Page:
Recently, Elon Musk became Twitter’s largest shareholder, with 9.2% of stock. Besides sending shares up 22% in value and making his investment grow from $2.9 billion to $3.5 billion, what will the effect be on Twitter?
While it may be impossible to guess the exact plans that Musk has for the social media platform, there are some clues from Musk himself. For instance, he has been critical of the site’s approach to free speech and has even mentioned building a new social media platform in the past month.
When an investor purchases more than a 5% stake in a publicly-held company, they must inform the Securities and Exchange Commission. Anything below a 10% stake is considered passive. But that doesn’t mean that Twitter doesn’t anticipate some influence from Musk.
In fact, on April 15, Twitter adopted what’s known as a poison pill plan in an effort to thwart a hostile takeover in the form of a $43 billion bid by Musk. While a poison pill can take many different forms, the general idea is to increase the number of shares in an effort to dilute the stake of the bidder and cause them financial loss.
If any shareholder (read: Musk) purchases a 15% or more ownership without approval by the board, shareholders have the right to buy additional shares at a discount. This would potentially dilute Musk’s ownership. A poison pill generally has a limited time frame, with Twitter’s expiring in one year.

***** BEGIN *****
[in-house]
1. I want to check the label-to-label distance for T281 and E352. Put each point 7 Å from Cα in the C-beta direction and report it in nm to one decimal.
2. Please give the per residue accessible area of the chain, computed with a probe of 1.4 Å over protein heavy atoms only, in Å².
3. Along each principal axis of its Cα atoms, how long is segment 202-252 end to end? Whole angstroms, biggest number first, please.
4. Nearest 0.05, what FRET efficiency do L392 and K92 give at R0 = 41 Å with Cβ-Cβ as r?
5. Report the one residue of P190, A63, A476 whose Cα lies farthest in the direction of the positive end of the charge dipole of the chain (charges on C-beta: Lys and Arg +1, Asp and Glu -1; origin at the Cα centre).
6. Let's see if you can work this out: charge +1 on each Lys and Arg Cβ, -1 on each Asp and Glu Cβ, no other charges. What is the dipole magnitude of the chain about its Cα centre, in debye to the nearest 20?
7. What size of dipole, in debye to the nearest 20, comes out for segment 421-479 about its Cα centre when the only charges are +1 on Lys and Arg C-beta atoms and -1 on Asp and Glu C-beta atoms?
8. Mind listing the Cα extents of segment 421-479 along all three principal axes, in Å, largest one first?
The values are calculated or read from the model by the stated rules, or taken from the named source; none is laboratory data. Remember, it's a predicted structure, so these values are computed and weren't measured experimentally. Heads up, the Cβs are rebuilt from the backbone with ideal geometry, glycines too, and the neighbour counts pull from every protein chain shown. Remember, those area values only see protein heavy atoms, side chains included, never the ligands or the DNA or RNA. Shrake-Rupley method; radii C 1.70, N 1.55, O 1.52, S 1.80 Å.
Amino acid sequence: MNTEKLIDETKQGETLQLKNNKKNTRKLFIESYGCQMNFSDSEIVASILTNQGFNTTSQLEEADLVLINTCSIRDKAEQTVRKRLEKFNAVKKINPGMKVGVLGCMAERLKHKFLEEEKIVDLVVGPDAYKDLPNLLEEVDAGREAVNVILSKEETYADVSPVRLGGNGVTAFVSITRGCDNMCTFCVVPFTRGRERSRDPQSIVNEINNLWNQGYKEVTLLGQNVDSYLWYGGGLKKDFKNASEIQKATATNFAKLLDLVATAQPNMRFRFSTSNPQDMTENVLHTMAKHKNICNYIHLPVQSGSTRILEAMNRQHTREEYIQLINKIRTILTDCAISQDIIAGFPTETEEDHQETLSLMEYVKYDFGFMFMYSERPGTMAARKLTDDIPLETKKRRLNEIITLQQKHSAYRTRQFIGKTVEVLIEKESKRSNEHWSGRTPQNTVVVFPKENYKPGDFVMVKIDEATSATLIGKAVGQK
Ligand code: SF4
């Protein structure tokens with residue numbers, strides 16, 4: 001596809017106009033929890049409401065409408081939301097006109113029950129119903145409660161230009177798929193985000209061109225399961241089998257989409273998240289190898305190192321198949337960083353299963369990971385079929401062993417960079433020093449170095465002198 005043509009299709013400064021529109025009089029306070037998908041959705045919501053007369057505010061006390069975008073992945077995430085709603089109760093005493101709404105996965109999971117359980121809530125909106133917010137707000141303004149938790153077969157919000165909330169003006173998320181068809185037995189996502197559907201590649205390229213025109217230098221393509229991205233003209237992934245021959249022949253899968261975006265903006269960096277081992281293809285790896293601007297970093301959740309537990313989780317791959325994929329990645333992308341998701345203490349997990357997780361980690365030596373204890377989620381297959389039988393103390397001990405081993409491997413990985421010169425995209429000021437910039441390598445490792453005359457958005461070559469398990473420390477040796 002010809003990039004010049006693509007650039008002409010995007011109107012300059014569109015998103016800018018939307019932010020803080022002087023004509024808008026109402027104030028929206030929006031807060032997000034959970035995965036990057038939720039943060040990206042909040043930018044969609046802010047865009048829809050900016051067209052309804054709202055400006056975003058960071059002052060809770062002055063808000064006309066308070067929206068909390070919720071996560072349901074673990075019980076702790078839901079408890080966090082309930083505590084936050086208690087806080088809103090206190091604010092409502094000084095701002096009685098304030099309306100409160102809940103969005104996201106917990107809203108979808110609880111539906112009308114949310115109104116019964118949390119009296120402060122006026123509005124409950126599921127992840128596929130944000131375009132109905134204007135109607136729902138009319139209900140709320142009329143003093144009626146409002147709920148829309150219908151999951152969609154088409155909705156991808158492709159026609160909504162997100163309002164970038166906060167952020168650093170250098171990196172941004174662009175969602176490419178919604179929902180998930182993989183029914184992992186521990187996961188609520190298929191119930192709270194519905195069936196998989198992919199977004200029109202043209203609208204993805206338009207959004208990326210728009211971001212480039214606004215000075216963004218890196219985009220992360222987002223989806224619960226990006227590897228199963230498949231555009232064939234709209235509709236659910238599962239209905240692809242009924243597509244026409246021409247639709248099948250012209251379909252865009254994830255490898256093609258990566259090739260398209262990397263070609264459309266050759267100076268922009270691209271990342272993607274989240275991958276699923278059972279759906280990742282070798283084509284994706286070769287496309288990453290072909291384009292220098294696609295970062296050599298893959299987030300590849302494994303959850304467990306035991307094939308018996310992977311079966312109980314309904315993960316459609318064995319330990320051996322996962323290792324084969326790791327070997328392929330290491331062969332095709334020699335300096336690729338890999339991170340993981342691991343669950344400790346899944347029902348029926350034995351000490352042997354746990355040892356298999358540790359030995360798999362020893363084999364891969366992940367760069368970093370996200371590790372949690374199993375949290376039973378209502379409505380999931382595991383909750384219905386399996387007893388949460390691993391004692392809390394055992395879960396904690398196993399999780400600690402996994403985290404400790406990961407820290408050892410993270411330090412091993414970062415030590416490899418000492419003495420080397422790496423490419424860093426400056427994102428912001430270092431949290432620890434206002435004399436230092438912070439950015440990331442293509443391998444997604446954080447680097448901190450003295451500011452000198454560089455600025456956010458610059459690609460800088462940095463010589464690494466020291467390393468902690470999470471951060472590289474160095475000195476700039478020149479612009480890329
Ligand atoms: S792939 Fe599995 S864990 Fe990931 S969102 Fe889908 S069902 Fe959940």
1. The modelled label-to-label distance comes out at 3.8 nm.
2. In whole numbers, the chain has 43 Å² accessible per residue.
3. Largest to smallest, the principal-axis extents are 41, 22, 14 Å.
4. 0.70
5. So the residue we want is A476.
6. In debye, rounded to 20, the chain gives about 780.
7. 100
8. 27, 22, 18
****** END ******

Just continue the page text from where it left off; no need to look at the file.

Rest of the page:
Will it deter Musk? It certainly could, but it’s important to note that a poison pill isn’t always a foolproof plan. For instance, it can be argued that the move is bad for shareholders because it dilutes the value of their shares. And there’s no doubt that Musk probably expected the move. It’s been used by companies like Papa Johns and JCPenney in the past to stave off a hostile takeover.
So what should Twitter users expect? While events may be hard to predict, it is likely that Musk’s influence over free speech rules may be felt in the near future.
What does that mean in terms of marketing practices? Right now, maybe not much. But social media platforms are still new enough to be experiencing some tumultuous changes as policy is established, new platforms enter the fray and investors decide which they will favor.
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